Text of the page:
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Wells-wishers celebrate principal

Post Independent Photo/Kara K. PearsonOutgoing Glenwood Springs High School principal Mike Wells waves to former GSHS teacher Marlene Manown on the last day of the 2004-2005 school year Wednesday morning. Wells has a few more weeks of paperwork before he retires after 25 years of being an administrator.
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Mike Wells may be the youngest senior citizen in history. For weeks, the Glenwood Springs High School principal has joked about his age and eating dinner at 4:30 p.m. – often at events held in his honor. Over the past month, Wells’ has attended a mysterious Glenwood Springs City Council meeting in which the city proclaimed “Mike Wells Day,” and an afternoon reception in the commons area of Glenwood Springs High School. On Saturday he’ll don one of his trademark ties for a dinner in his honor at the Hotel Colorado.”It feels like a funeral, but I’m not dying,” said Wells, Glenwood Springs High School principal. Wells isn’t dying, but he is retiring after 25 years at Glenwood Springs High School. “I don’t want anyone to think I’m ungrateful,” he said of all the recent attention, “but I’m ready to be done retiring, because emotionally, I’m right on the edge all the time.”Wells spoke as he sat in his office at GSHS, where in 1981, then-principal Bill Reader started the Chicago native’s interview for assistant principal by asking, “Chicago, huh? Cubs or White Sox?””Cubs,” answered Wells.

Wells’ devotion to the Cubs has since become legendary in Glenwood Springs and the Roaring Fork School District. Cubs memorabilia covers one wall of the office today, but even his Cubs devotion is upstaged by his devotion to GSHS. The office – like his closet at home, he said – is awash in red.He’s got vintage GSHS beanies, signed basketballs, and a curious collection of Mason jars behind his desk. The jars are filled with gifts that the past 10 or so senior classes have handed him as they walked across the stage at graduation.During construction in 1996, each student handed him a nail. In 1997, each handed him a piece of a senior-class jigsaw puzzle. And in 1998 each handed him a blank key following a year the school underwent frequent “re-keyings.”For all the memorabilia in Wells’ office, he didn’t seem to spend much time there during his principalship. Wells was more often in the halls, at games, judging DECA, or watching the mock trial team compete in Orlando, Fla. On Wednesday, Wells took a short walk around the school. The few students who remained on the school’s last day shouted well wishes as he passed. “Goodbye Mr. Wells, I’ll miss you,” said one, slouched against the front doors of the school. “It’s not like I’ve lost my passion for what I’m doing,” he explained. But there is a time when its good to move on – for both him and the school, he said. As an example, he talked about prom weekend. That Saturday he woke up early, had breakfast in the GSHS multi-purpose room, worked a track meet, had lunch in the multi-purpose room, worked the track meet some more, changed into a suit, chaperoneed prom, worked after-prom, then had a late dinner, again, in the multi-purpose room. “There comes a time in your life when you go, ‘Somebody else has to have this pleasure,'” he said.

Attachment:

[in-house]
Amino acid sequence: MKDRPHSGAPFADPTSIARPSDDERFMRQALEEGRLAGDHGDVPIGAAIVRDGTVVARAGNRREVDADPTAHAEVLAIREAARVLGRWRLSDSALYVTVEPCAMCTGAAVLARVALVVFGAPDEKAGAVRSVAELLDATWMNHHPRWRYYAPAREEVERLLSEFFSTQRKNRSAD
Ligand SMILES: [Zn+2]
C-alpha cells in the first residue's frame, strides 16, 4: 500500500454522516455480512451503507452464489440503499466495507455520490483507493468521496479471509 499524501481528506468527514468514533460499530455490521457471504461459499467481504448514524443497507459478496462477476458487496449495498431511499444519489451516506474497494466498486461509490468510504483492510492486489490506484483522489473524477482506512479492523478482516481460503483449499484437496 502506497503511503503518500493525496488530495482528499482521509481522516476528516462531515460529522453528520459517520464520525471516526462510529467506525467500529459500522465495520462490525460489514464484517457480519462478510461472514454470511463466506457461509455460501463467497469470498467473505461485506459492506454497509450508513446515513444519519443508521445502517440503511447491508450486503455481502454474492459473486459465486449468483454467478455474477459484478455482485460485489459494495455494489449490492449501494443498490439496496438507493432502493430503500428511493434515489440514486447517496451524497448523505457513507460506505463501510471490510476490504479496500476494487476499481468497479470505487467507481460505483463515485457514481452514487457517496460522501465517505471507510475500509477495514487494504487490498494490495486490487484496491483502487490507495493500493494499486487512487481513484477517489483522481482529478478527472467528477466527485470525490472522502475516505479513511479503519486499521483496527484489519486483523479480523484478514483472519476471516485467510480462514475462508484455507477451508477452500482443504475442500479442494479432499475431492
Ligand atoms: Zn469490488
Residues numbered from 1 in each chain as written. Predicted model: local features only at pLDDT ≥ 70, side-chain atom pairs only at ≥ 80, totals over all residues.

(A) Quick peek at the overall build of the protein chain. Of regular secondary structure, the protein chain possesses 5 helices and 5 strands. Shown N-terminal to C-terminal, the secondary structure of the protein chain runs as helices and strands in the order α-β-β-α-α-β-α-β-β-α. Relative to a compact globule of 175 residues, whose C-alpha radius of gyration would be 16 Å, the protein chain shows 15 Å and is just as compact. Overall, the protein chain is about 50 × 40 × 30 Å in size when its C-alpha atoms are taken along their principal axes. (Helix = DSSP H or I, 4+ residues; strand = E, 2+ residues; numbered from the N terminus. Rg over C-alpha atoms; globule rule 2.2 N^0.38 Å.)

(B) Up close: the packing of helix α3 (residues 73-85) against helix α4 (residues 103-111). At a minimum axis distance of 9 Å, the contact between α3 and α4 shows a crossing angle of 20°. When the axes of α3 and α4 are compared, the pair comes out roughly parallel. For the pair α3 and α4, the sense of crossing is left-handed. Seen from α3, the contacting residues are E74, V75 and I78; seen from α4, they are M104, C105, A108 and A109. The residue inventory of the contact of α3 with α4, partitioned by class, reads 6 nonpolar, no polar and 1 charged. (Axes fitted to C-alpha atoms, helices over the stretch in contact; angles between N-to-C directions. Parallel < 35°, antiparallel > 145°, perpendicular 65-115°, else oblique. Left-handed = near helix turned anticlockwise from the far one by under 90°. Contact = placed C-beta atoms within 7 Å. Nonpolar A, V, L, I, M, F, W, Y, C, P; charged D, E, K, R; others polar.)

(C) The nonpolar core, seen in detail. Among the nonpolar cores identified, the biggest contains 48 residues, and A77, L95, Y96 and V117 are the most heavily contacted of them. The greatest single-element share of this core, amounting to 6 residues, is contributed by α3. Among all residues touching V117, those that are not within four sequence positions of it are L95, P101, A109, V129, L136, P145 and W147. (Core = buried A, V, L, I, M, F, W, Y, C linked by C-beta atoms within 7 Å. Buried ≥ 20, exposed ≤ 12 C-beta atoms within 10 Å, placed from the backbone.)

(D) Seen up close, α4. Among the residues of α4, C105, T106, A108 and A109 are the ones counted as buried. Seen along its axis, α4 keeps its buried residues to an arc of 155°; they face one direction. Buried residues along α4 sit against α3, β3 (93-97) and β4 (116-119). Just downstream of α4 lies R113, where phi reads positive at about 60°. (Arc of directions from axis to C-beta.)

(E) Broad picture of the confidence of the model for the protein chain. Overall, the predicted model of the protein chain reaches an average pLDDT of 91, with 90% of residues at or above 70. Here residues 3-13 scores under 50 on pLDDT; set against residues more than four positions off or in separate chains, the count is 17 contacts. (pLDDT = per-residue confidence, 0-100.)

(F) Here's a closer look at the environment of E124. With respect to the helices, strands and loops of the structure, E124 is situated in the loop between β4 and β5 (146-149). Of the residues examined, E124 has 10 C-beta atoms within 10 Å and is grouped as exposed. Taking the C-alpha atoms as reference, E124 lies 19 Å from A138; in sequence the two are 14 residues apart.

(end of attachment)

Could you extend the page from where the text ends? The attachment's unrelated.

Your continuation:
Then there’s the idea that one should, “close leaving your audience wanting more,” he said. By all accounts Wells will do just that. “He’s done an awesome job with Glenwood Springs High School,” said assistant superintendent Judy Haptonstall. “He certainly is a very visionary person.””The thing he’s done for me and I think for most of us here is he’s allowed us to teach … I’m going to miss him,” said Mike Wilde, a GSHS science teacher since 1982.But Wells’ legacy won’t be what he’s done for the school in the last 25 years. His legacy will be what happens to the school after he’s gone, he said. After all, Wells has hired all but five of the more than 50 staff members at the school and presided over the school’s 700 students for the past four years, and over as many as 15,000 kids since he began.Wells is confident in his replacement, assistant principal Paul Freeman, to take the school in directions he never dreamed of, he said.But for all the emotion surrounding his retirement, Wells still managed to tell one of his many jokes Wednesday. He told a “true story” about an elementary school kid who was at recess playing with dog poop. The teacher’s aide asked the boy what he was making.



“A teacher’s aide,” said the boy. Furious and insulted, the teacher’s aide went and got a teacher. The teacher came out and asked the boy what he was making. “A teacher,” said the boy. Furious and insulted, the teacher got the principal. The principal asked what the boy was making. “A teacher,” said the boy. The principal, confused, asked, “Why didn’t you say principal?””Well, there’s not enough dog poop,” said the boy. Joking seems to be one of the keys to Wells’ extraordinary success. “I try and keep a sense of perspective by seeing the humor in things,” he said.”


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